14 Oct 2021

Thames-Coromandel mayor refuses to get Pfizer Covid-19 vaccine

9:48 am on 14 October 2021

The Thames-Coromandel mayor is refusing to get the Pfizer Covid-19 vaccine, and has called vaccine mandates "abhorrent".

A nurse holds a vial of the Pfizer-BioNTech vaccine against Covid-19.

A nurse holds a vial of the Pfizer-BioNTech vaccine against Covid-19. Photo: AFP or licensors

Sandra Goudie is waiting to have the Novavax jab instead.

The government has made a pre-purchase agreement for 10.72 million doses of Novovax but MedSafe is yet to approve it in Aotearoa.

Speaking to RNZ, Goudie did not want to explain her opposition to the Pfizer injections.

"I could have elected as an individual to keep silent but when I was asked the question I answered honestly and I am not going to discuss it or debate it with anyone."

Thames-Coromandel falls within the Waikato DHB but is not currently in lockdown like other parts of the region.

Overall in Waikato, 79 percent of the eligible population has had one Pfizer dose, and 56 percent has had two.

Thames Coromandel Mayor Sandra Goudie

Thames-Coromandel Mayor Sandra Goudie. Photo: supplied

Goudie strongly disagreed with the government's vaccine mandates for health workers and teachers.

When asked what she would do if inoculation became compulsory for local government staff and elected representatives she said: "It's a personal choice.

"And I think it's absolutely abhorrent that people should lose their jobs through their personal choice not to be vaccinated."

In August, Goudie told Checkpoint she would not normally scan in when visiting locations. At the time, she said the Covid-19 community case would "probably not" push her to scan any more either.

Local Government New Zealand president Stuart Crosby supports vaccine mandates for council workers.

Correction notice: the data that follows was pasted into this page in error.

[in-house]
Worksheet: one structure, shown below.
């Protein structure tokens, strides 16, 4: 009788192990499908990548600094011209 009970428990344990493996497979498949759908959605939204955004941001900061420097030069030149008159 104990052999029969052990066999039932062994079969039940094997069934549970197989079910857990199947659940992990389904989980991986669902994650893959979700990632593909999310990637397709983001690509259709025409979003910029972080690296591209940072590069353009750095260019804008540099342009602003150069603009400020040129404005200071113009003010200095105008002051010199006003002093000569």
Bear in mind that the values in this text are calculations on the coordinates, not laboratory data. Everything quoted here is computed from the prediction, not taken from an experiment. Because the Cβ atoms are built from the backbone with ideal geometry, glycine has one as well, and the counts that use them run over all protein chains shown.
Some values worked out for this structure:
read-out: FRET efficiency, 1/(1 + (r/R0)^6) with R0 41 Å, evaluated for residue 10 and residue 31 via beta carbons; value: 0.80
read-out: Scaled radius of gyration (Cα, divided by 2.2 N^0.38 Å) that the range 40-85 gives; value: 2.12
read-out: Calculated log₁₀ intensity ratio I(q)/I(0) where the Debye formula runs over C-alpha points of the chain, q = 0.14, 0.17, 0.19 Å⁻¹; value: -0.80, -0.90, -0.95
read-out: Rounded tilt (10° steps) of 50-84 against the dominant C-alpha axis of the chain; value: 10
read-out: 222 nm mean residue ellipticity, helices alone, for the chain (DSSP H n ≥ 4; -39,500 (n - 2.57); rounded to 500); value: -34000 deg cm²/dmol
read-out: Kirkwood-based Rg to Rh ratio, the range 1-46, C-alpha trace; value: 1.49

"We are frontline to the community in many areas of our work, be it in our public spaces, swimming pools, libraries, front desks of councils ... so it is important that we play our role."

He is still awaiting clarity from the government about whether mandates will happen.

"We do have a responsibility for health and safety when it comes to our staff and our contractors and everyone involved in local government, so as we know it's a point still being worked through."

Crosby said mayors needed to get behind the rollout.

"In a leadership position, it's really important that mayors and leaders in other positions in the community have a positive response to this critical issue facing New Zealand."

Goudie's resistance to the rollout comes amid concerns about a small minority of doctors publicly opposing the vaccine.

Some have posted videos online pushing their anti-vaccination views, including a Northland GP Dr Damian Wojcik, and a psychiatrist employed by the Hutt Valley DHB, Dr Emanuel Garcia.

Covid-19 Response Minister Chris Hipkins was asked yesterday about the influence of these practitioners.

He said: "I think those people are being irresponsible, yes they are undermining what is a really really important public health objective for New Zealand which is to keep people safe from Covid-19."

Hipkins reiterated this week vaccination remained "our strongest tool" in the pandemic response.

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